Center seminars are organized by the Mathematics Department and the College of Engineering. The Center gratefully acknowledges support from the UMassD Office of the Provost.

"Optimal convergence order of a spectral method for fractional advection-diffusion-reaction equations"

Abstract: We consider the regularity of solutions to a fractional advection-diffusion-reaction equation with fractional Laplacian in one dimension. We show that the regularity of the solution in weighted Sobolev spaces can be significantly improved compared to that in standard Sobolev spaces. We present a spectral Galerkin method and its optimal error estimate. Numerical results are presented to verify our regularity estimate. This work is joint work with Zhaopeng Hao.

March 5, 2018

Monday

Zachary Grant

Umassd

11:00 AM

Textile 105A

"On implicit and explicit high order SSP methods with a variety stages, steps, And derivatives for linear and nonlinear problems"

Abstract: High order spatial discretizations with monotonicity properties are often desirable for the solution of hyperbolic PDEs. These methods can advantageously be coupled with high order strong stability preserving time discretizations. The search for high order strong stability time-stepping methods with large allowable strong stability coefficient has been an active area of research over the last two decades. This research has shown that explicit SSP Runge--Kutta methods exist only up to fourth order, and implicit ones only up to sixth order, while multistep SSP methods have small allowable time step. To break these order barriers and SSP time-step bounds, we turn to general (multistep, multi-stage) linear methods of order two and above. Order conditions and monotonicity conditions for such methods were worked out in terms of the method coefficients, and we formulated a numerical optimization to find optimal methods of up to five steps, eight stages, and tenth order. Another approach to breaking the order barrier is to restrict ourselves to solving only linear autonomous problems. In this case the order conditions simplify and this order barrier is lifted: explicit SSP Runge--Kutta methods of any linear order exist, but these methods reduce to second order when applied to nonlinear problems. We found explicit SSP Runge--Kutta methods with large allowable time-step, that feature high linear order and simultaneously have the optimal fourth order nonlinear order. Finally, we turn to multiderivative time-stepping methods which have recently been implemented with hyperbolic PDEs. We describe sufficient conditions for a two-derivative multistage method to be SSP, and formulate an optimization problem that were used to find optimal SSP multistage two-derivative methods. These methods were tested on a variety of scalar hyperbolic partial differential equations, which demonstrate the need for the SSP condition and the sharpness of the SSP time-step.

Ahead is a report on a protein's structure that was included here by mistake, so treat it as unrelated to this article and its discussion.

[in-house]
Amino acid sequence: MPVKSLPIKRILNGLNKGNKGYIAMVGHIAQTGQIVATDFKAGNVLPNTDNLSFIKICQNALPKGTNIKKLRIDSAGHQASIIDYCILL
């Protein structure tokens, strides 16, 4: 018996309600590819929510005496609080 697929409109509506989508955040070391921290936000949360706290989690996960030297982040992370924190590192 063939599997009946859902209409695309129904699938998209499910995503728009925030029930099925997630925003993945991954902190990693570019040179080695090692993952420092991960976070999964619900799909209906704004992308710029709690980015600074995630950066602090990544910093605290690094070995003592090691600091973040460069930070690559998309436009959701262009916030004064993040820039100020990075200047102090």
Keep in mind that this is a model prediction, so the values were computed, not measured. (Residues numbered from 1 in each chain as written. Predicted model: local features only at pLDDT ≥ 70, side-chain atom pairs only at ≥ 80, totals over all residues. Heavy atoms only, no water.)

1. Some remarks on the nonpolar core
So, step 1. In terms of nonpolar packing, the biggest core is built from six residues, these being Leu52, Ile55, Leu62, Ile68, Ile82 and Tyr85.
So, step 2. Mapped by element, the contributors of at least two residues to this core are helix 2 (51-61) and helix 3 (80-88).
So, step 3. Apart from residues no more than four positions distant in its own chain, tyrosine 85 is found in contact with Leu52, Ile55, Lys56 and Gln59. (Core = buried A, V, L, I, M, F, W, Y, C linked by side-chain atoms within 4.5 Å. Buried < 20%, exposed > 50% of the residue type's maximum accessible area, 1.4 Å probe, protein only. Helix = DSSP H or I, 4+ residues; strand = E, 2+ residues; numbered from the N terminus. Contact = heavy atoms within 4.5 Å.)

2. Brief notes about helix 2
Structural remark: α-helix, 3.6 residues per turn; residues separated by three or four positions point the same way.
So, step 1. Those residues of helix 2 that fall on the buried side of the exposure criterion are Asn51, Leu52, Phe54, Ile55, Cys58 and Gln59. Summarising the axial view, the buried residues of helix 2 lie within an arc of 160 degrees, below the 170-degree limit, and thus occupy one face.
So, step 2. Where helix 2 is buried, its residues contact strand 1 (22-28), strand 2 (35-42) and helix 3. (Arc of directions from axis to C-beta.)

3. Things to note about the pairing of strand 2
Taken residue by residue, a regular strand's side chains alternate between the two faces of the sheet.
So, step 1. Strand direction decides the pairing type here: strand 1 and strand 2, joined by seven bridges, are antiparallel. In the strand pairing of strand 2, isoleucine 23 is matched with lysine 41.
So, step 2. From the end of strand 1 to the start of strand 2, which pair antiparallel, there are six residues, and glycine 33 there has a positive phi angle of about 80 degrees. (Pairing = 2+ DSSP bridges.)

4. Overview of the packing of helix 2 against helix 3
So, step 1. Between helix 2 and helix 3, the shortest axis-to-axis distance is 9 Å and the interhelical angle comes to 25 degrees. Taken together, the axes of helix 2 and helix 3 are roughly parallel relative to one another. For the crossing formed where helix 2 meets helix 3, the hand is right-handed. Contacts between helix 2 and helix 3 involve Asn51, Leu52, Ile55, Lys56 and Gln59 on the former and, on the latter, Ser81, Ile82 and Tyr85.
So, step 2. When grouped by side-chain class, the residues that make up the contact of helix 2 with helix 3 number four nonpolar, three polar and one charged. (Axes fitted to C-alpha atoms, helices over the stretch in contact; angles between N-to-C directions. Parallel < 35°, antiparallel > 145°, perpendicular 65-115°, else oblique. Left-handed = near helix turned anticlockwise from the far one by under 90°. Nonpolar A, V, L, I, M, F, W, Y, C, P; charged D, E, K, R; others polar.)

"Networks and Dynamics Based Approaches in Data Analysis"

Abstract: In the first half of the talk, I will present a novel method to analyze large spatiotemporal rainfall data sets. This method employs the nonlinear correlation measure known as event synchronization to transform the high dimensional data into a network. Furthermore, by studying different topological properties of the inferred network, I will provide insights into the dynamics of South Asian summer Monsoonâ€”a climatic phenomenon of substantial socio-economic significance to the 1.5 billion inhabitants of the region. In the second half of the talk, I will present a new, hybrid approach to network classification, combining a manual selection of features of potential interest with automated classification methods. I will demonstrate the broad applicability of this approach by classifying days of the week from call detail records and diagnosing types of cancer tumors based on their transcription factor-gene regulatory networks.

"Exponential Time Differencing for Nonlinear (Fractional) Diffusion-Reaction Systems"

Abstract: Nonlocality and spatial heterogeneity of many practical systems have made fractional differential equations very useful tools in Science and Engineering. However, solving these type of models is computationally demanding. In this talk, I will present a novel Exponential Time Differencing (ETD) scheme for nonlinear reaction-diffusion fractional models. This scheme is based on using a real distinct poles discretization for the underlying matrix exponentials. Due to these real distinct poles, the algorithm could be easily implemented in parallel to take advantage of multiple processors for increased computational efficiency. The method is established to be second order convergent; and proven to be robust for problems involving non-smooth or mismatched initial and boundary conditions and steep solution gradients. This scheme combined with fractional central differencing is used for simulating some nonlinear space fractional models. The superiority of the proposed ETD-RDP scheme over competing second-order ETD schemes and BDF2 scheme is demonstrated. The numerical tests show that the proposed scheme is computationally more efficient (in terms of cpu time).